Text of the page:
Indian employees believe digital skills are more important than educational qualification
Salesforce, the global leader in CRM, on Thursday (May 11), released data from its new digital skills survey of 1,000 workers in India, which shows that the vast majority think skills are more important than education qualifications or career background.
Yet, only 4 in 10 Indian employees are using AI in their current role — which is cited as one of today’s most in-demand digital skills. Today’s results form part of a global survey of 11,035 working adults across 11 countries.
89 per cent of Indian workers consider skills-based experience more important than a degree or industry-specific qualification when trying to land a job in today’s market. However, there is a disconnect between the skills companies need and those currently used by the workforce.
Only 1 in 4 use AI skills at work
While 9 in 10 Indian workers report using digital skills in their day-to-day work, only 1 in 4 workers currently use AI skills in their day-to-day roles and just over half (52 per cent) report using skills beyond digital administration. There is less fear and more excitement around the potential of emerging technologies to transform future jobs.
This, paired with workers’ reported desire to learn new skills, suggests that companies can help close the digital skills gap by providing continuous, skills-based training to their employees. With AI technologies like generative AI emerging fast, 93 per cent of Indian workers reported excitement about the prospect of using generative AI for their job. In India, 91 per cent say that their company is considering ways to use generative AI.
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Indian workers agree that AI skills are important. Almost a third of workers (29 per cent) rank AI skills as among the top three most important digital skills right now, rising further when asked about the importance of these skills over the next five years. Despite its importance to their future skill set, only 4 in 10 Indian workers say their day-to-day role involves AI.
Other digital skills
A mere 34 per cent say their role involves other related digital skills like encryption and cyber security, and only 27 per cent claim to use coding and app development skills.
Which industry uses AI skills more?
The industry indexing the highest for AI skills is travel and tourism; however, even for this industry, only 67 per cent use AI skills within their roles today. Outside of travel and tourism roles, this number drops further; 21 per cent of those in the public sector and 25 per cent of those in healthcare report they use AI skills in their day-to-day role.
The path forward is upskilling. All Indian workers surveyed believe businesses should prioritise AI skills in their employee development strategy. As a result of the rise in AI and automation, Indian employees say data security and ethical AI and automation skills will become increasingly more important in the workplace.
When asked what ‘soft’ skills will likely be more important as a result, employees ranked customer relationship and creative skills as the highest. With workers wanting to expand their limited digital skills, they are now favouring companies seeking to boost emerging technology skills and focus on skills-based hiring – nine in 10 believe that businesses should prioritise digital skills development for their employees.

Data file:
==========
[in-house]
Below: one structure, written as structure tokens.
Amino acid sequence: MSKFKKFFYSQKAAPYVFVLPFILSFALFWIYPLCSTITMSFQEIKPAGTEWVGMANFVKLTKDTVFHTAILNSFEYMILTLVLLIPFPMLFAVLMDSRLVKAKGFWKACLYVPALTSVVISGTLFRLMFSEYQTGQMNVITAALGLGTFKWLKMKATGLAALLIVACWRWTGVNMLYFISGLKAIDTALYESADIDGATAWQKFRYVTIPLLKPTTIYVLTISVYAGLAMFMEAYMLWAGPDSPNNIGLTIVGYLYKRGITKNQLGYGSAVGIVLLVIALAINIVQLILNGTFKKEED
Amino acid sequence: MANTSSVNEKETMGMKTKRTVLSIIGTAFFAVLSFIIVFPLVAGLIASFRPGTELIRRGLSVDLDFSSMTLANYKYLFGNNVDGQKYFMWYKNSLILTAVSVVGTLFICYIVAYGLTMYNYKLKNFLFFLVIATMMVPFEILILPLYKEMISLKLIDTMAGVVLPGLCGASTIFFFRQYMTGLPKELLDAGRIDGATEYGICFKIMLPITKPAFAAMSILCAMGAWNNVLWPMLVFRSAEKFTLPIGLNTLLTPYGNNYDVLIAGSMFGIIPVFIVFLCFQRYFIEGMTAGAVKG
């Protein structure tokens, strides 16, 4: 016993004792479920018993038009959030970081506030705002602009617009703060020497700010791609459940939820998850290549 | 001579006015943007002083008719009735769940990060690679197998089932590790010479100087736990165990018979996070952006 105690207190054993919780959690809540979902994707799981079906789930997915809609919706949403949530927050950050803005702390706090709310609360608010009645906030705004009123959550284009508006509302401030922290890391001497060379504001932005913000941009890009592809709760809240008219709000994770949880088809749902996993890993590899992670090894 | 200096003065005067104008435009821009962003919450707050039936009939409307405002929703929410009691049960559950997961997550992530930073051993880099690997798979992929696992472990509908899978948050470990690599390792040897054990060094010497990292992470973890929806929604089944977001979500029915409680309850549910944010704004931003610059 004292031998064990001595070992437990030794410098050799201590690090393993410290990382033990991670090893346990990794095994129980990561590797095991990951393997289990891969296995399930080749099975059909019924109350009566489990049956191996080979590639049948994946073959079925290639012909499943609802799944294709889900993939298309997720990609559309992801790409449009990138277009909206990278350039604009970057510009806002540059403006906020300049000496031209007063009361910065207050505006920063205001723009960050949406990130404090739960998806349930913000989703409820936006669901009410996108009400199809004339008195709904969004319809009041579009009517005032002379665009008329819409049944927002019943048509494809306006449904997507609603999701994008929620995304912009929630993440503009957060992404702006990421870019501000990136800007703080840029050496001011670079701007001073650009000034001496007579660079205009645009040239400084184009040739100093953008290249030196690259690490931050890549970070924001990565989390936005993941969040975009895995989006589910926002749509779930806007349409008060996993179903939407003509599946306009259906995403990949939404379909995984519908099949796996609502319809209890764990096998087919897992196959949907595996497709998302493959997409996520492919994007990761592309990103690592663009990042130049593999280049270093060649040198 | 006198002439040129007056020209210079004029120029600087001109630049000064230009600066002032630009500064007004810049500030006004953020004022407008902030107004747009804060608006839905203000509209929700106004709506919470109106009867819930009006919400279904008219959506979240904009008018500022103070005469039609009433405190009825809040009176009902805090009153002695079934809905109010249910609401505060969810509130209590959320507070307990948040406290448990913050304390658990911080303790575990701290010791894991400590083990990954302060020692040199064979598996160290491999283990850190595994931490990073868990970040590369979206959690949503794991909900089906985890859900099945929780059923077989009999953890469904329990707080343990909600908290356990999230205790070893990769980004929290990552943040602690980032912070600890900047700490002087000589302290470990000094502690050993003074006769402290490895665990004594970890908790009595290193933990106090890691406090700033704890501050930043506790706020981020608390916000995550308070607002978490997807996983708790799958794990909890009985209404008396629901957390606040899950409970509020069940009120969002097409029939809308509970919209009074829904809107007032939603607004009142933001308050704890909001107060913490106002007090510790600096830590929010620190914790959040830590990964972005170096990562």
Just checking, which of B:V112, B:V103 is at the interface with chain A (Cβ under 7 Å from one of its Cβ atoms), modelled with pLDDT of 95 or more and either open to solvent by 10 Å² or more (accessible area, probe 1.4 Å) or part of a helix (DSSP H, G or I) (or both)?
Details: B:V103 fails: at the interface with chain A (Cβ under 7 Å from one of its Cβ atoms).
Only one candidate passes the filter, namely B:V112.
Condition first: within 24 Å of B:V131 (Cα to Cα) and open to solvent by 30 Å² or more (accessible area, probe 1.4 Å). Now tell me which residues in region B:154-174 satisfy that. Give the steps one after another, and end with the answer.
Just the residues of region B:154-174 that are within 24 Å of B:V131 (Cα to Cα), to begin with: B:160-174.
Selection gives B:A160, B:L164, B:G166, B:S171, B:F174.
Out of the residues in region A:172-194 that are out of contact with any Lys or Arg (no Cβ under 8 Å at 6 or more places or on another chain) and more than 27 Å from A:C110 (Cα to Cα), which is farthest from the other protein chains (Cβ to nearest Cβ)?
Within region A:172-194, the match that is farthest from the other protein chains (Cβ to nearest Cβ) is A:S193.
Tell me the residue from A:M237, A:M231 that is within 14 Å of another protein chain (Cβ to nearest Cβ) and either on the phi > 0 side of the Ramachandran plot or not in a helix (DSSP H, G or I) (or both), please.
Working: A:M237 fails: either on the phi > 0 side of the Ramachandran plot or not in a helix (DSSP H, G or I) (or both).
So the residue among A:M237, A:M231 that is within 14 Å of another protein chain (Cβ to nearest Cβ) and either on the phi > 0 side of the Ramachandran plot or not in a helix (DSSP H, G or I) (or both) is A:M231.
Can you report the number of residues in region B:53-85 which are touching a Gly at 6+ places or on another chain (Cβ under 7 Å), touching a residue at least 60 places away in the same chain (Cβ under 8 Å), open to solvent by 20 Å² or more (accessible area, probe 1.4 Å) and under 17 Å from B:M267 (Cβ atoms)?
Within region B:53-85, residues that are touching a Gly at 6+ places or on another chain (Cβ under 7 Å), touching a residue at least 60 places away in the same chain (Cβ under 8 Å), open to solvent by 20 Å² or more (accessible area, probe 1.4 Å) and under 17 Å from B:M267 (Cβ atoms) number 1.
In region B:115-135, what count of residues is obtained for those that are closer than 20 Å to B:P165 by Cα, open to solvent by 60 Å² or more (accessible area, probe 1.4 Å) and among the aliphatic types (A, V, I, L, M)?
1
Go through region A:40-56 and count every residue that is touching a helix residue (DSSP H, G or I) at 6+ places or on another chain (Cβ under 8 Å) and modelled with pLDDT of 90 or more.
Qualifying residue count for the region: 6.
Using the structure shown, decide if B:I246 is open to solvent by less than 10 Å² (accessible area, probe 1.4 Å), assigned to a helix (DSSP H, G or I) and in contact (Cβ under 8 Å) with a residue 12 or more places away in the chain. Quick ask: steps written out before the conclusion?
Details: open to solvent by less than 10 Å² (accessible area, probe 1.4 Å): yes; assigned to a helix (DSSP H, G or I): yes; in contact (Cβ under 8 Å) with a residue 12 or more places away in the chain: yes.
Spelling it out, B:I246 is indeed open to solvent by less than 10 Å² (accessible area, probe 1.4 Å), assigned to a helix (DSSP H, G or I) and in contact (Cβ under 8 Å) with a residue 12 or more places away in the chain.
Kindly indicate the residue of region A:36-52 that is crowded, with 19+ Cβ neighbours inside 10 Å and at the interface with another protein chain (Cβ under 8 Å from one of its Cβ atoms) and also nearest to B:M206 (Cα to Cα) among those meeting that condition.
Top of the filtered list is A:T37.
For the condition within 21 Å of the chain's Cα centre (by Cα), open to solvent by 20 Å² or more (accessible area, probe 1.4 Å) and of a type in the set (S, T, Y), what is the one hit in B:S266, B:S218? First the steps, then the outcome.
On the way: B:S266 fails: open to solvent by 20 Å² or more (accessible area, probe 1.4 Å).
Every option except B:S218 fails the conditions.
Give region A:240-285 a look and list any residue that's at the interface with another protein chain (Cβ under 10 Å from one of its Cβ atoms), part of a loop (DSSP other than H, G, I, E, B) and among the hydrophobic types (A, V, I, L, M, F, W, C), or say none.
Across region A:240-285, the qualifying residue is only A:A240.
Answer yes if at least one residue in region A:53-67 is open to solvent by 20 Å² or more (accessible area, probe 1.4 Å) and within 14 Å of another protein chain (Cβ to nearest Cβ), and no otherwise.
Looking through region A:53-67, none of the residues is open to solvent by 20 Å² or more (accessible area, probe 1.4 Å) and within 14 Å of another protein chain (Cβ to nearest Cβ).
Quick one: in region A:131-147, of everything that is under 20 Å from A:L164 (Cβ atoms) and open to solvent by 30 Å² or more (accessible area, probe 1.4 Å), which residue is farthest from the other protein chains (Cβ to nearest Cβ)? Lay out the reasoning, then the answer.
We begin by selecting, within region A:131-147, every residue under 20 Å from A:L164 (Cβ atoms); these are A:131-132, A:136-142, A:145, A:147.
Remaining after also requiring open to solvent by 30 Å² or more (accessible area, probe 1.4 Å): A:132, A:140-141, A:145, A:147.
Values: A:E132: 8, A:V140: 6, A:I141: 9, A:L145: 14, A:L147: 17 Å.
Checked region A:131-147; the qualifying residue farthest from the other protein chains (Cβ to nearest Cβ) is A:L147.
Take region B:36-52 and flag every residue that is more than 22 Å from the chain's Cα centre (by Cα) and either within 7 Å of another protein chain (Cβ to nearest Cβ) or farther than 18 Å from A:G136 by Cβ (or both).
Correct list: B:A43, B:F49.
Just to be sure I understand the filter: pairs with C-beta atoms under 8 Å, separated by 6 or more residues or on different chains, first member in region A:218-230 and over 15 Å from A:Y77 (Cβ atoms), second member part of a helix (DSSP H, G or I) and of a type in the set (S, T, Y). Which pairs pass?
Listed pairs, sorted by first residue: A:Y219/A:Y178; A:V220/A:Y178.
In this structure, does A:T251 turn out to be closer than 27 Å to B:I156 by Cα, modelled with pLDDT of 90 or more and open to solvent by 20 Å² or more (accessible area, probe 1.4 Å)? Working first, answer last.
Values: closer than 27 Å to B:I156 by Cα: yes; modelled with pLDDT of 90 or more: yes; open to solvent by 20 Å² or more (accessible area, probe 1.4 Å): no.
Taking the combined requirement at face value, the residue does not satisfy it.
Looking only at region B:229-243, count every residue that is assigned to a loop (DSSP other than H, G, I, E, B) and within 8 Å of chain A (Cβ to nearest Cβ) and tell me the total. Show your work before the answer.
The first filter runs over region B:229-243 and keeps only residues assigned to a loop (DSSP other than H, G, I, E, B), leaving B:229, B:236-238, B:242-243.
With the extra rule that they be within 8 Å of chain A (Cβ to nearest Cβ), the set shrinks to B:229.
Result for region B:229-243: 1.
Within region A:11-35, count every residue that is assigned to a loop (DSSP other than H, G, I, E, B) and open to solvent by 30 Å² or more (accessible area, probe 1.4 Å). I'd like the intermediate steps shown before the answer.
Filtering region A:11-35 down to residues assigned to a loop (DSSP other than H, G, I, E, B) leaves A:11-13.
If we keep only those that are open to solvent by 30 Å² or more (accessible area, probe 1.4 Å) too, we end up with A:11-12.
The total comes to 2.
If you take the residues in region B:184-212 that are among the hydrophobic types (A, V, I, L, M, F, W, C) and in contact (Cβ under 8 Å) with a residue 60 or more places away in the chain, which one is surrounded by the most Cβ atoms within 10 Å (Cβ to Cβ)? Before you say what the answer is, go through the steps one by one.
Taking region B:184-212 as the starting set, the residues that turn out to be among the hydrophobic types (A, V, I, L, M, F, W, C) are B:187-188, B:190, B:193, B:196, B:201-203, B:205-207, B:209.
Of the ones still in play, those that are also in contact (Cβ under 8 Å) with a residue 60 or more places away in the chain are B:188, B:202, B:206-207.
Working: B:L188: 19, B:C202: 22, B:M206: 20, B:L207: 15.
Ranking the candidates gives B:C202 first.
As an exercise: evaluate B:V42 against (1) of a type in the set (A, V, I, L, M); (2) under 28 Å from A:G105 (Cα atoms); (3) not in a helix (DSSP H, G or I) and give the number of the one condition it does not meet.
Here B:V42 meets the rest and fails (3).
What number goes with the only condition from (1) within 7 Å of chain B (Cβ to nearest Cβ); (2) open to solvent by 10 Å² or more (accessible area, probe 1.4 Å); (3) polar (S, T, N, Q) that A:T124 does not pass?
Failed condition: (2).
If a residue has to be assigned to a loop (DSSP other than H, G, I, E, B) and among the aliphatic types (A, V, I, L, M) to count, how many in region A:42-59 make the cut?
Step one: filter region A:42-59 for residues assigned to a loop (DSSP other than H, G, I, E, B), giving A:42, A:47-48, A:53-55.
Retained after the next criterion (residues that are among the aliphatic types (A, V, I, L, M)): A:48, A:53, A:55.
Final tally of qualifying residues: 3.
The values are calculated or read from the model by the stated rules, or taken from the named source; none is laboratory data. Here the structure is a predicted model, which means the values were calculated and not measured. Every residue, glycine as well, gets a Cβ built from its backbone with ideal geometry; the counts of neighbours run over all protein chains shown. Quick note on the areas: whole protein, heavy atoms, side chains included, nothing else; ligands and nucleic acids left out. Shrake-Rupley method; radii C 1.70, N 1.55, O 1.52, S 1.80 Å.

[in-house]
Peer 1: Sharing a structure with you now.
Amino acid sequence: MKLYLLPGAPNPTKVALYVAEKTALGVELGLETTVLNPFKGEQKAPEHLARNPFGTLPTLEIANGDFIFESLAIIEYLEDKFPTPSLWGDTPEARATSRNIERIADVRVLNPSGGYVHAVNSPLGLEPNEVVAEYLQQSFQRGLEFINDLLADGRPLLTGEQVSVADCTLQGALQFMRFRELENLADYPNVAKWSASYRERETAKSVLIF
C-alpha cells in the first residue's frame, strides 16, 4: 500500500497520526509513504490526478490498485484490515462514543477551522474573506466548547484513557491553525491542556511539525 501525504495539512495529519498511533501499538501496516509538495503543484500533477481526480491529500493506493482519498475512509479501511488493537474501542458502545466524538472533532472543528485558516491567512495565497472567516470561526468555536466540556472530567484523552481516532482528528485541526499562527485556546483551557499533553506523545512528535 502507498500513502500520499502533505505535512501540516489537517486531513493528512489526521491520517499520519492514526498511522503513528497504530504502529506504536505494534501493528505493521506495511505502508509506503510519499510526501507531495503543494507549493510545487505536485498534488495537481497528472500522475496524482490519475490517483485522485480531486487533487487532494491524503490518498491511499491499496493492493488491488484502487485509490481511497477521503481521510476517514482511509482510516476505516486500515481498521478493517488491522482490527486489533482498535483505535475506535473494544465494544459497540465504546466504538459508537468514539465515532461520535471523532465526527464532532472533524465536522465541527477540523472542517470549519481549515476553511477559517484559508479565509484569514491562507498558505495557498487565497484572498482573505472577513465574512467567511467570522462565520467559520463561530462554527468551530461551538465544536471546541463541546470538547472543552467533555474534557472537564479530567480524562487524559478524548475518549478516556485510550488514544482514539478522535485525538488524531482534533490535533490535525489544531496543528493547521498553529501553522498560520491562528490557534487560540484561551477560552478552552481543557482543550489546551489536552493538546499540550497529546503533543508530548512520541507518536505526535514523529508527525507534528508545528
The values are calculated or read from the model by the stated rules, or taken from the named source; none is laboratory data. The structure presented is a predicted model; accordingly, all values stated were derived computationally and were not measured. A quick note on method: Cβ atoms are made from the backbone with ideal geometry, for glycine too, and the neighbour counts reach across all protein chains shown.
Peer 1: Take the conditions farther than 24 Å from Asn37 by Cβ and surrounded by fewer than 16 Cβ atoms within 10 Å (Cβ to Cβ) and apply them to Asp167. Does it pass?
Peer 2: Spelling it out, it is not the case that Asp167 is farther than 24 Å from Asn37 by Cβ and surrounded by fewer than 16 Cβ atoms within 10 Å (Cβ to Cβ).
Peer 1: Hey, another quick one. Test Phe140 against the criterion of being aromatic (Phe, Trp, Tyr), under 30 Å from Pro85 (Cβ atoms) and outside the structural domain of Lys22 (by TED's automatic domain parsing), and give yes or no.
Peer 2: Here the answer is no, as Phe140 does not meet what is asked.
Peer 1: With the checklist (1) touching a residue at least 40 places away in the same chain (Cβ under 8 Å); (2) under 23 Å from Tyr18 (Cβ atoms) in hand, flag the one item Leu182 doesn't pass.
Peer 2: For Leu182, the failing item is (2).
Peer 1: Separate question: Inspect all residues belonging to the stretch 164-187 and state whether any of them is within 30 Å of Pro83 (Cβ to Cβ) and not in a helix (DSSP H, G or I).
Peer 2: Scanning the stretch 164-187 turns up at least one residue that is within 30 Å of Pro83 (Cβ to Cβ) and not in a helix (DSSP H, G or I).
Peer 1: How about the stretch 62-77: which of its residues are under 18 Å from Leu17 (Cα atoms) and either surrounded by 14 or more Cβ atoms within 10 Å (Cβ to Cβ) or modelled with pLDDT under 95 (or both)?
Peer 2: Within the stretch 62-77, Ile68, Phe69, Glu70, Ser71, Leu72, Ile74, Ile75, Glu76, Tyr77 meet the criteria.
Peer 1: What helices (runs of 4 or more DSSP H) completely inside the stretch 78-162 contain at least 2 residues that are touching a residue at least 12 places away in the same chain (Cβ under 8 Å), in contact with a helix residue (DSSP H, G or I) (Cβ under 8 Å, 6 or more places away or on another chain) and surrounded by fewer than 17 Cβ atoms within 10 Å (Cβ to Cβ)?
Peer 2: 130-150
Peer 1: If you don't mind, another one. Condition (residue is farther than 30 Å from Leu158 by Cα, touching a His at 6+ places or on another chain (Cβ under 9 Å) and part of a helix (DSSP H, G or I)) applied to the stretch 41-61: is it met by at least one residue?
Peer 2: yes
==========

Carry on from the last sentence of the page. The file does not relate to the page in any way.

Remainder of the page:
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Online buying begins to lag
Meanwhile, according to various surveys, the growth of online shopping has become sluggish because of a slowdown in consumption and a drop in discounts. Beauty, personal care, and smartphones, previously the foundation of e-commerce sites, have decreased in volume. At the same time, electronic peripherals and audio reported a 36 per cent gain and fashion posted over 20 per cent growth.
What it implies: Mall visits by shoppers have increased over the past six months, as offline shopping becomes more popular. Additionally, spend-driven acquisitions are slowing down, and fewer discounts are being offered.
Another development in the e-commerce industry is that NPS (Net Promoter Score) has gained popularity, replacing GMV (Gross Merchandise Value) as the preferred statistic. Gross merchandise volume (GMV) looks at the total sales dollar value of sold merchandise. It’s a crucial metric for marketplaces, though revenue is still the top indicator of value. Net Promoter Score (NPS) tracks customer satisfaction by subtracting detractors from promoters.
An NPS over zero is good, and an NPS of 50 or more is excellent, according to Reforge, a career solution provider.
Ola valued at $4.8 billion, down by one-third
The US-based global investment management company, Vanguard Group, has reduced the valuation of ANI Technologies to $4.8 billion. It holds a 0.7 per cent share in ANI Technologies, which owns Ola.
What it implies: According to reports, Ola plans to sell off its ride-hailing business and focus only on its EV firm, which might impact its valuation further. Even though Ola Electric is currently the top provider of electric two-wheelers in its industry, regulatory barriers remain significant. There are also plans not to extend the FAME-2 incentives for electric two-wheeler manufacturers following reports that the EV makers had been violating the localisation norms and claimed fraudulent subsidies.
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MG Motor plans to Indianise local operations
MG Motor, owned by Shanghai-based SAIC Motor, plans to divest more than 50 per cent share to Indian companies.
What it implies: MG Motor’s market share in India is in the single digits, but it plans to make the company mostly owned by Indians. It clearly shows that it wants to move away from being seen as a Chinese company, as the current government is not too favourable to those with Chinese roots.